CONCORD, N.H. (AP) — Supporters of a bill that would offer up to six weeks of paid leave for private-sector New Hampshire employees to care for a new baby or a relative with a serious illness made one last push Wednesday to save the legislation as it faces an uncertain future.
Early recommendations indicate Senate lawmakers may send the bill back to a committee. The tactic often is used as a way to effectively kill legislation.
Dozens of residents gathered at the Statehouse to share stories on how the lack of paid family medical leave has affected their lives in a plea to legislators who will be deciding the bill’s fate Thursday.
“Our utilities were shut off. Our refrigerator was bare, and our arms were empty. We were never able to give Sawyer a proper funeral,” said Nancy Glynn, a mother from Manchester, who said that paid medical leave would have helped after the loss of her child.
Nikki Casey, of Nashua, who has struggled with addiction, said a family and medical leave insurance program would be a critical tool in combatting New Hampshire’s opioid crisis.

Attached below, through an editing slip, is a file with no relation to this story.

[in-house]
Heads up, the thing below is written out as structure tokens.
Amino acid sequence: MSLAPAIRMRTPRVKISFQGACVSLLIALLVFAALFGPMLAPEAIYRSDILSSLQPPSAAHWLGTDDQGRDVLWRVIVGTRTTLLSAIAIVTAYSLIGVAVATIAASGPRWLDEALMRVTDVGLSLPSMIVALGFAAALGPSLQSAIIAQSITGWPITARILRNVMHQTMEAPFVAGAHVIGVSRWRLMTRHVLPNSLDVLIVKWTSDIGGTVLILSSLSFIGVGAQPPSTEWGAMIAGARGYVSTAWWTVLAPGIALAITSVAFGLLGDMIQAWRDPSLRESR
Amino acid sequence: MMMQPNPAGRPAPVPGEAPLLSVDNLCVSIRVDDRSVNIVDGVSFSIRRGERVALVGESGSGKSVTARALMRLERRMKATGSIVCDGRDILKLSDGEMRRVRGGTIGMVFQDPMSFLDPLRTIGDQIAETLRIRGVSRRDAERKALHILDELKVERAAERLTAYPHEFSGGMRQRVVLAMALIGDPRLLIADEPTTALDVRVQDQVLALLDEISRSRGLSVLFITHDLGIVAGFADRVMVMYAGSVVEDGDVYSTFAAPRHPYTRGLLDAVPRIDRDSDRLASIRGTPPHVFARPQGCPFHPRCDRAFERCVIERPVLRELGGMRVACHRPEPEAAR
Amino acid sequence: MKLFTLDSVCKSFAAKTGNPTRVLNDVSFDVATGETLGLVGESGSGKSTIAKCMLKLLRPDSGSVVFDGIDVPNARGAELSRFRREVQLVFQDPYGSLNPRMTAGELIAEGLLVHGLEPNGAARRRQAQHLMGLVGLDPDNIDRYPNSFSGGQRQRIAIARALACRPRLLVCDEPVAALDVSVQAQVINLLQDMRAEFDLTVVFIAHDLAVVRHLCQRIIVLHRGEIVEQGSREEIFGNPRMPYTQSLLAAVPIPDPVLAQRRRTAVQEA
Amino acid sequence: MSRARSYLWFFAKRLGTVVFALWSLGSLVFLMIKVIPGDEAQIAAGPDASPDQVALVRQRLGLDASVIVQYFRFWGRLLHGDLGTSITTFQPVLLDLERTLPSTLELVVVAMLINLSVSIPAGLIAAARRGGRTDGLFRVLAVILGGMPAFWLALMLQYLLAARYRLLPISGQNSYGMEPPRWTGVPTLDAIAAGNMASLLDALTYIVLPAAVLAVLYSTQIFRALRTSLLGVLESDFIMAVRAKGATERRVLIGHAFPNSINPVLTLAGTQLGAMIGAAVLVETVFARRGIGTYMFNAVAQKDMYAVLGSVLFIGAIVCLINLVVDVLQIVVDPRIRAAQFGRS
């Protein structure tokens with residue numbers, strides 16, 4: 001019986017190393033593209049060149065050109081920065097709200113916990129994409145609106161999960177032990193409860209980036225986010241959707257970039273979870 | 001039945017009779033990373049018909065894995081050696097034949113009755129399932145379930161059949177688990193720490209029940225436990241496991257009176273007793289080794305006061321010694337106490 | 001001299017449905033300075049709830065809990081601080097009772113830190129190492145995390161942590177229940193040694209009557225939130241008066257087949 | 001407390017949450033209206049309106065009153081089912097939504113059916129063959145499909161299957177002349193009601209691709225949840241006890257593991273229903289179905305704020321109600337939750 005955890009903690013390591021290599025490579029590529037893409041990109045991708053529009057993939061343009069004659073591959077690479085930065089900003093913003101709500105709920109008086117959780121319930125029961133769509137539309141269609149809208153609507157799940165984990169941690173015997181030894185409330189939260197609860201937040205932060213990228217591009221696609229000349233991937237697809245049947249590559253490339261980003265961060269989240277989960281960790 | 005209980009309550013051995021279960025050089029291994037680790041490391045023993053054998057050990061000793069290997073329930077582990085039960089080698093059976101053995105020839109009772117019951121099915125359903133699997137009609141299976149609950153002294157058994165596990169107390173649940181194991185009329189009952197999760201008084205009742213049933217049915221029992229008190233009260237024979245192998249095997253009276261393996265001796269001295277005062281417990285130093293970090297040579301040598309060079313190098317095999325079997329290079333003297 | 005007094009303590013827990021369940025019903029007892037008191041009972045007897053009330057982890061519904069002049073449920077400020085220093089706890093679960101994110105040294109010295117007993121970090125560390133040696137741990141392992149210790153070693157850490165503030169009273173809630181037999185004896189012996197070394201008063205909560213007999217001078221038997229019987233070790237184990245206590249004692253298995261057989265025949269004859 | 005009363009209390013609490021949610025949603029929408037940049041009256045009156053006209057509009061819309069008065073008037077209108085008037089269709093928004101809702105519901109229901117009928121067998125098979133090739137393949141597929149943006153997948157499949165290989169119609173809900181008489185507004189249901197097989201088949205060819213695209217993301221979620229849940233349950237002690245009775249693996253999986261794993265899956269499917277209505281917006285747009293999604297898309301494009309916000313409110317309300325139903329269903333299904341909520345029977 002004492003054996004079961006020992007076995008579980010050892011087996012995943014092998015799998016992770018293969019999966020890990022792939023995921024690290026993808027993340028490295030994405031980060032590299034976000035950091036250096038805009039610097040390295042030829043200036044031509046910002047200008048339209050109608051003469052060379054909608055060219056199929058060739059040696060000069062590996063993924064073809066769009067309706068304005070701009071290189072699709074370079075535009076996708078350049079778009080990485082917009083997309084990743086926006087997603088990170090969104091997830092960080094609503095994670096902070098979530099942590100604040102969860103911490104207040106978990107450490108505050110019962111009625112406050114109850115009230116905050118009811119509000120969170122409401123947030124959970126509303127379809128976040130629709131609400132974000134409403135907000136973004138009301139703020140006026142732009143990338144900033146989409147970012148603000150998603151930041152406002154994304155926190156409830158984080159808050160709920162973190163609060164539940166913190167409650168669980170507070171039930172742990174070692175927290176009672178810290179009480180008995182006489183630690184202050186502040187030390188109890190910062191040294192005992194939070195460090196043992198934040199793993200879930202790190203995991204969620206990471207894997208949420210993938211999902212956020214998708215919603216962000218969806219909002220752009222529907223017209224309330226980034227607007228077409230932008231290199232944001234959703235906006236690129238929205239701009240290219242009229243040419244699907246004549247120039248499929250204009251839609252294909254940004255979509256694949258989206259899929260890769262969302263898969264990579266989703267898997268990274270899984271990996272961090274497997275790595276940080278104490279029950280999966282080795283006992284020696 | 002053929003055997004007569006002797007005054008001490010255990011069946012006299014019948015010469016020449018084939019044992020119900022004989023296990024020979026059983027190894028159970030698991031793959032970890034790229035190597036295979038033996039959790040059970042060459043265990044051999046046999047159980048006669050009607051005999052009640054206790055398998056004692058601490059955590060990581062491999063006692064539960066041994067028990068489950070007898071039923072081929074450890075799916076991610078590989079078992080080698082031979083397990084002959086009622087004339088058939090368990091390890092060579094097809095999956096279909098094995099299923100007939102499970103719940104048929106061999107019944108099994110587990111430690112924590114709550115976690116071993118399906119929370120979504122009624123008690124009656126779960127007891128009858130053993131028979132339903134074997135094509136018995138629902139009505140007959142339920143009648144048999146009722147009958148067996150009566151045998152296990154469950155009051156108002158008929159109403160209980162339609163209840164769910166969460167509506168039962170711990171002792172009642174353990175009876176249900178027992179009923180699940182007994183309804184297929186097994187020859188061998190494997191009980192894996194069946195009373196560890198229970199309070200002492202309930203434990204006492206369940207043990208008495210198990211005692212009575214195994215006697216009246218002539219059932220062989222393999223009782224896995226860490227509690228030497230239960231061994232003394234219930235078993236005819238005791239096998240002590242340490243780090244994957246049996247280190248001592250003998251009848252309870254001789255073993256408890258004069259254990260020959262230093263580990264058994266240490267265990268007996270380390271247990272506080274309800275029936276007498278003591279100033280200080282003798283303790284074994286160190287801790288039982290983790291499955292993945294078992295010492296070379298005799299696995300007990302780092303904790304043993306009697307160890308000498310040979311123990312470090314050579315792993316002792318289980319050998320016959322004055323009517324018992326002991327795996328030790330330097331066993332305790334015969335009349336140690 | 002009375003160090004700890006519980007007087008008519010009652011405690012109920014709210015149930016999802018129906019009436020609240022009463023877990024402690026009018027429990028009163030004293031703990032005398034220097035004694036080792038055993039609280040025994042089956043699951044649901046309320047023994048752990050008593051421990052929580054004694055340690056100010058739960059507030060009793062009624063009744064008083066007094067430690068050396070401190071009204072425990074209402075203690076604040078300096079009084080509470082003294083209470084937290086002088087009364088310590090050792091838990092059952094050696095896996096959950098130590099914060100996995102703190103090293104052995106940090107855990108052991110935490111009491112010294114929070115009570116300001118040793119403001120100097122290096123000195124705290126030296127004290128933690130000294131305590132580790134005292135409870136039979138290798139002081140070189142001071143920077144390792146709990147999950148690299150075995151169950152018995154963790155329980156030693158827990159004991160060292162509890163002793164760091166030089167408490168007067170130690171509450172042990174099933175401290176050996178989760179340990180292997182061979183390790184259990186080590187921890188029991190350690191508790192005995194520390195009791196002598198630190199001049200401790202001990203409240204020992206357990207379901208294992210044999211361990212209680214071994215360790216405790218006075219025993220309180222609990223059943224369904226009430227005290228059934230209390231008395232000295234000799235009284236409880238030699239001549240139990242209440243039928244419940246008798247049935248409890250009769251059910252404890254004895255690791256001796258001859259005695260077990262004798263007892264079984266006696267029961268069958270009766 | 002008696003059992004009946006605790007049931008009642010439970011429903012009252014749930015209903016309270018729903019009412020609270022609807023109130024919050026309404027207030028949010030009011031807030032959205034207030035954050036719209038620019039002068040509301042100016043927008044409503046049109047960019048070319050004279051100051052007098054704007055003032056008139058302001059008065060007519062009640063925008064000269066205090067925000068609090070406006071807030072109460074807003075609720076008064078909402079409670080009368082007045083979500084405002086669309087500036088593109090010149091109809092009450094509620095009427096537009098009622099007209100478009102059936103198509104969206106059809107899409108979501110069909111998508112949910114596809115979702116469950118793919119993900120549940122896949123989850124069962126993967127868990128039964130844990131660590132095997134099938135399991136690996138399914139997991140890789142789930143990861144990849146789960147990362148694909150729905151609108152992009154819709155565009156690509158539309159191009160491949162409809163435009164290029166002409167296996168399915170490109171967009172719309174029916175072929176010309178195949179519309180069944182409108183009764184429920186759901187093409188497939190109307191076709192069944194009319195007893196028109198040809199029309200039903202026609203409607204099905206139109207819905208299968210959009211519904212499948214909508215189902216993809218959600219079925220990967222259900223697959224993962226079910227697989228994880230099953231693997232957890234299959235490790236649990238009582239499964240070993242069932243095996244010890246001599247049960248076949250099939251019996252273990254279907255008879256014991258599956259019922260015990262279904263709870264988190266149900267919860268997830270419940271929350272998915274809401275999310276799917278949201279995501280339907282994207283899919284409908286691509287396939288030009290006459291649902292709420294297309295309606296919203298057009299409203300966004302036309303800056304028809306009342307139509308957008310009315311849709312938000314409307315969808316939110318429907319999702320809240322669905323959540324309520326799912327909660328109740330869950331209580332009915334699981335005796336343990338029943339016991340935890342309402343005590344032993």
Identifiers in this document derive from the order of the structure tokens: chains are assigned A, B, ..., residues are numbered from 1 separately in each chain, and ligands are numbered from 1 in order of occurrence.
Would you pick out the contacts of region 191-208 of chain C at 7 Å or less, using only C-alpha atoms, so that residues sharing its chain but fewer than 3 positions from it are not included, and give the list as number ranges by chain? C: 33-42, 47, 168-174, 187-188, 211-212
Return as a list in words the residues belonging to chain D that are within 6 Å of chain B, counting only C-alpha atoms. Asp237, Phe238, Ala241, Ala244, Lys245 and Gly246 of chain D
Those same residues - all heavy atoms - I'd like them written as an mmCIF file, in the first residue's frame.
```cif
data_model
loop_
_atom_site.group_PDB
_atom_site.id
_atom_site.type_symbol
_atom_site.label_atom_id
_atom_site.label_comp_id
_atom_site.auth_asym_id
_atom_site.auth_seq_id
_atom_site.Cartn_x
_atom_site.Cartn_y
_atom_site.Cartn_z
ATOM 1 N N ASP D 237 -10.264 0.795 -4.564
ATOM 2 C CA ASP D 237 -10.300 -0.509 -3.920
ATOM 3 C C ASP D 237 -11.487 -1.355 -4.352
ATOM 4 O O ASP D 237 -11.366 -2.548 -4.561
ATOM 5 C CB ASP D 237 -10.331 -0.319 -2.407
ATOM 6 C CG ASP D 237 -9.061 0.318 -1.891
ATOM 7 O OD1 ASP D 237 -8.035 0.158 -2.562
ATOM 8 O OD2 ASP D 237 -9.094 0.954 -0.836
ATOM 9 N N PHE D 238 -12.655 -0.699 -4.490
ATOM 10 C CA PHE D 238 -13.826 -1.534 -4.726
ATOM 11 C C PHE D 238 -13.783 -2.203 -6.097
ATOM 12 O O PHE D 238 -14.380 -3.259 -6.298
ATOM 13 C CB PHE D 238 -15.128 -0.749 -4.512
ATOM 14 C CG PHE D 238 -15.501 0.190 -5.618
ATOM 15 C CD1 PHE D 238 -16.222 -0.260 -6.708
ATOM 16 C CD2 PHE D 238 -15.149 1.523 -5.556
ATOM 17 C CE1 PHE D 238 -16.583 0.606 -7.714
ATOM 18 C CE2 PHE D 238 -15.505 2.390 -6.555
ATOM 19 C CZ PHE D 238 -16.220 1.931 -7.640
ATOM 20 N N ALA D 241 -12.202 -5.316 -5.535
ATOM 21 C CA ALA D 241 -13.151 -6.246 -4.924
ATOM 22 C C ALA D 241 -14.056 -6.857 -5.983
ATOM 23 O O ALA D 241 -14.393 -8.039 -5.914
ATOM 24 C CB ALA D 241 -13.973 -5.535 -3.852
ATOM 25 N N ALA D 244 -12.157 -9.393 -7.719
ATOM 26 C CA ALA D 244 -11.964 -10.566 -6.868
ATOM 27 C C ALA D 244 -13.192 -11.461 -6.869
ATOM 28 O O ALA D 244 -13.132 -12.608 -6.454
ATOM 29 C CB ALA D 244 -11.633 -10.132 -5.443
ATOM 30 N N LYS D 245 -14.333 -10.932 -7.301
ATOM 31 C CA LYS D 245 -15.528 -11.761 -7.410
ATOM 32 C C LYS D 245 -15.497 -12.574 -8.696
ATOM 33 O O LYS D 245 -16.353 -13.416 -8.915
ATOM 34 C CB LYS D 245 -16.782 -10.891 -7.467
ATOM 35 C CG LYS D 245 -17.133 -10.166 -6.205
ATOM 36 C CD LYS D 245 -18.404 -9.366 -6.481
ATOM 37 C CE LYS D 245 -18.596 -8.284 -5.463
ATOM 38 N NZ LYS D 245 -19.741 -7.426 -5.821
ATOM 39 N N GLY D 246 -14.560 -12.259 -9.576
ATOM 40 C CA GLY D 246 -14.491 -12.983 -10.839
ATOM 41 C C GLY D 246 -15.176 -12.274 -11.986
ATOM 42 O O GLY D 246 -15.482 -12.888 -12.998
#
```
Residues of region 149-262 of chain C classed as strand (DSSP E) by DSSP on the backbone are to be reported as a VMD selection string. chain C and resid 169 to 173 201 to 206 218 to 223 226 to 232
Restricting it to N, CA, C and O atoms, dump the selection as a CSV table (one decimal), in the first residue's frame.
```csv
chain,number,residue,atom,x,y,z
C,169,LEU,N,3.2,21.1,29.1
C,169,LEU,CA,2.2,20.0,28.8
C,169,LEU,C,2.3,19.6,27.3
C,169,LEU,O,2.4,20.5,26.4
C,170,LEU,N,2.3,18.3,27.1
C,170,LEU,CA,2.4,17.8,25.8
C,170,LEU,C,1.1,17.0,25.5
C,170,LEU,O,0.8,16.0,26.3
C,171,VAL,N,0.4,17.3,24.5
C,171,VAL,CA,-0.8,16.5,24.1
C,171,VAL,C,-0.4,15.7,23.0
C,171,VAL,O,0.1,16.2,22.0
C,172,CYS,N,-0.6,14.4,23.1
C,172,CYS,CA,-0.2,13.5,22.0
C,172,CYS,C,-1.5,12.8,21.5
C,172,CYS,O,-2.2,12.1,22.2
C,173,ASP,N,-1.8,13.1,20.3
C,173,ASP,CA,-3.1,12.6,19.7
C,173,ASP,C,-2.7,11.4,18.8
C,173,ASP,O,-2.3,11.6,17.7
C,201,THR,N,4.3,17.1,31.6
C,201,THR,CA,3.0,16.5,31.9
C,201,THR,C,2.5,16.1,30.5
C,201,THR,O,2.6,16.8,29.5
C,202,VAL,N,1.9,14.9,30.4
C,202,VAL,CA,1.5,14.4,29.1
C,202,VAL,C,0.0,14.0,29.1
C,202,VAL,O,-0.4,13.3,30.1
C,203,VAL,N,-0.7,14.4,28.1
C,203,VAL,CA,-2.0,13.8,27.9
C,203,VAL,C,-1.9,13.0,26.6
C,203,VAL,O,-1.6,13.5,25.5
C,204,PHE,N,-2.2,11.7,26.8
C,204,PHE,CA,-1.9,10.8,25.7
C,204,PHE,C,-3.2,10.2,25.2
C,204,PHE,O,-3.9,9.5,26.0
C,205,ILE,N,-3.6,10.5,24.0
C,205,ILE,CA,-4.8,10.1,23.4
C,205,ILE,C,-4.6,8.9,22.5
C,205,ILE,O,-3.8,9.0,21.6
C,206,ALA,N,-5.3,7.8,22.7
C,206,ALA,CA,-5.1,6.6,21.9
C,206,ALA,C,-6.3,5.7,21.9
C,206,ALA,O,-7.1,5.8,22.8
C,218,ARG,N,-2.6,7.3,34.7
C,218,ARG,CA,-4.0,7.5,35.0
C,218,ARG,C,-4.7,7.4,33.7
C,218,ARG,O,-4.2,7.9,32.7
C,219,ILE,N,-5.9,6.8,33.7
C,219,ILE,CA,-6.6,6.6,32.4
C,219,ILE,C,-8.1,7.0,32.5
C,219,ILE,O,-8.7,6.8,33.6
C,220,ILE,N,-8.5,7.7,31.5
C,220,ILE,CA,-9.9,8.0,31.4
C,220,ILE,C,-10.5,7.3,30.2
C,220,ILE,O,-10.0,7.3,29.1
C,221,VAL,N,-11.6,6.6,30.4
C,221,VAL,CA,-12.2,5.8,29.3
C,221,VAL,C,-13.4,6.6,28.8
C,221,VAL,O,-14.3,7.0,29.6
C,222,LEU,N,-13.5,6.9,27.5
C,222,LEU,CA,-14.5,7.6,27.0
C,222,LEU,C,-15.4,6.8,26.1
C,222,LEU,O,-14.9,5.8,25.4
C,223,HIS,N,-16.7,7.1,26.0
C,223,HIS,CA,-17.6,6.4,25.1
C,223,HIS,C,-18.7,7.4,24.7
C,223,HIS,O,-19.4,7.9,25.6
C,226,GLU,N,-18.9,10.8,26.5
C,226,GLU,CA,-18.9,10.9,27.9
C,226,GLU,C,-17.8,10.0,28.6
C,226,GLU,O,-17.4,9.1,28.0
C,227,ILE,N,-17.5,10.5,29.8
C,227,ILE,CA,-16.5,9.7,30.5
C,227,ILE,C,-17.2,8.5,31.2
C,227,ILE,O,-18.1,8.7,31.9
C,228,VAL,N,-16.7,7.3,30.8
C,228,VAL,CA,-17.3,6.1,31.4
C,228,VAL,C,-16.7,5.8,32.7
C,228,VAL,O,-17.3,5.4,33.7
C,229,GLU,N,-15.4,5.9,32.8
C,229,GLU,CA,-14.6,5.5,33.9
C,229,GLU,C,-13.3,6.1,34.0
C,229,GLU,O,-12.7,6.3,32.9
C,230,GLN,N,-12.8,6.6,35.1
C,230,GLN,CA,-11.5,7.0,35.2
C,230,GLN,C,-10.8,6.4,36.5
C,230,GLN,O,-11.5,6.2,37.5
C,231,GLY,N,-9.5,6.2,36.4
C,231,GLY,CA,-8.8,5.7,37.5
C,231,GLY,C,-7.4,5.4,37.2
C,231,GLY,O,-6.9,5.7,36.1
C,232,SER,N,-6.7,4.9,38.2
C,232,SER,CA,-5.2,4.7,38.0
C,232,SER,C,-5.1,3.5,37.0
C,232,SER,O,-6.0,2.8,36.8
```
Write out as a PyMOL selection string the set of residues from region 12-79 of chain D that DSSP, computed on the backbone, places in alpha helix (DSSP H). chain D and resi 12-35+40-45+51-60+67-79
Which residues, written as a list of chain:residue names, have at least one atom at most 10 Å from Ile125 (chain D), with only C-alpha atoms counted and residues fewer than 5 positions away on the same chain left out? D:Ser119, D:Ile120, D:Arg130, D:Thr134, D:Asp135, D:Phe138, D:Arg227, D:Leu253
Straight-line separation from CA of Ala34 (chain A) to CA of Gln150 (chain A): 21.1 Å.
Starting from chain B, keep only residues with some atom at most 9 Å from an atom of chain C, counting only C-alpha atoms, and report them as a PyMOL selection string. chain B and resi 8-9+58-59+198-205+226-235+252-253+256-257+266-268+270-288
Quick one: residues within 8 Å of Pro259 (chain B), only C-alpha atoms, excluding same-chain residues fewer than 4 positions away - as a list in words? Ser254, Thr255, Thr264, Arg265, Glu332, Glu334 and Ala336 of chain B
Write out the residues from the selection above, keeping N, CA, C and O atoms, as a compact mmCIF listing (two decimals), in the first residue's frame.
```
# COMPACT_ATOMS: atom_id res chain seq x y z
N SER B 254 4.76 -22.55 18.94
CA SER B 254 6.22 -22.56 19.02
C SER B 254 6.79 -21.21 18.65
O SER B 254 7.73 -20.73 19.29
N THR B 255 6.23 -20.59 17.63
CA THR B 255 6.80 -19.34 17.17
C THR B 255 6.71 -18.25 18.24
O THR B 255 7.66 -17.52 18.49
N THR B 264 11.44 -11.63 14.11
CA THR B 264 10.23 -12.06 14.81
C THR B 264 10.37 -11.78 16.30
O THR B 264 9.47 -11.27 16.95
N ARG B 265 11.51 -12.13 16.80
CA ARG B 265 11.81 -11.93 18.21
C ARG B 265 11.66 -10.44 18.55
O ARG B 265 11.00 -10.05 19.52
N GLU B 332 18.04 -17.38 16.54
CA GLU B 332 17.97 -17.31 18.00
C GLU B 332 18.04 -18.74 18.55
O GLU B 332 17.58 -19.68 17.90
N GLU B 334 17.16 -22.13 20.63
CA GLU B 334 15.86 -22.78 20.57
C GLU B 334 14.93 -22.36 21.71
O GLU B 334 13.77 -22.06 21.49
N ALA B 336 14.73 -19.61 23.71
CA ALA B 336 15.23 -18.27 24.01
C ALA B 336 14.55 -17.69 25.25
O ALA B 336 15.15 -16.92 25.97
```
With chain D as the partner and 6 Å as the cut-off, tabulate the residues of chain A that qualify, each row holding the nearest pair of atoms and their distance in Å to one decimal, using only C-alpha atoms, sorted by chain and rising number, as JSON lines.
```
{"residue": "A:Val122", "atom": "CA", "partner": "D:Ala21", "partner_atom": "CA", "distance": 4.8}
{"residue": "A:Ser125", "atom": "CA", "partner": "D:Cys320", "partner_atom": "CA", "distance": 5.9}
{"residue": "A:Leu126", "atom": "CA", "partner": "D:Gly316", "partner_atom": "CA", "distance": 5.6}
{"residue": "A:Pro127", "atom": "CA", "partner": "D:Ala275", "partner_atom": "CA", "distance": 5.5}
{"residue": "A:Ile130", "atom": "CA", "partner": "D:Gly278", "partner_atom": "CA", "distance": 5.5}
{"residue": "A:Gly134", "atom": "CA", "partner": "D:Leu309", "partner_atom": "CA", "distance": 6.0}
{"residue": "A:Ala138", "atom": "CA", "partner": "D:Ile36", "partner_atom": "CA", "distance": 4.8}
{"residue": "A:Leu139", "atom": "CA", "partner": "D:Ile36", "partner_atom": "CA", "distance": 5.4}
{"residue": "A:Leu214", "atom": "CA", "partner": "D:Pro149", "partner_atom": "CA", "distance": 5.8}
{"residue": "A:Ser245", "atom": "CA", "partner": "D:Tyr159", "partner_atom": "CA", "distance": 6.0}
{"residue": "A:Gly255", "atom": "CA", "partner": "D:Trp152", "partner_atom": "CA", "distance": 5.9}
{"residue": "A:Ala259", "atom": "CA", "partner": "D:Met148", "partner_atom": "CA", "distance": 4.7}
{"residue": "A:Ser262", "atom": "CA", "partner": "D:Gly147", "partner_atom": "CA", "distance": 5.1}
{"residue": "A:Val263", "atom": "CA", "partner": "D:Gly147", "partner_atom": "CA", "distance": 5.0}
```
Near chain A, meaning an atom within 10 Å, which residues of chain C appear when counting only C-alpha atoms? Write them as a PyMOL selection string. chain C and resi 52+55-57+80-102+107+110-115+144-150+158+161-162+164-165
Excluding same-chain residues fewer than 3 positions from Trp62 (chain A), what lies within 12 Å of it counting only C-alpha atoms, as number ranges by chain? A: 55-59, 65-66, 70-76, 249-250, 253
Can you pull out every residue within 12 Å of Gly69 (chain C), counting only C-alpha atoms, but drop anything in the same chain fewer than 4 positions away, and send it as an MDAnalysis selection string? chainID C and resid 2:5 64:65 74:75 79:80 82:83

“My recovery would have been a lot easier if I had been able to take the time I needed to get better without the fear of losing my job and the income I rely on,” said Casey, who is now the director of a recovery center.
Supporters say the program is also essential to strengthen the state’s workforce and care for an aging population.
But opponents have argued it’s unsustainable and there remain too many questions. Republican Gov. Chris Sununu came out against the plan, saying more research is needed.
Amid fears the proposal will be tabled, supporters hoped their presence Wednesday would put pressure on lawmakers to reconsider the plan. Many dismissed the idea of studying the proposal as a ruse to kill off the plan.
“I urge the Senate to let these stories drive their policy,” said Amanda Sears, director of the Campaign for a Family Friendly Economy, a group that campaigns for working families’ rights. “This bill would help families when they are experiencing the joy of welcoming a newborn into their lives, or the heartbreak of helping their spouses through their last days.”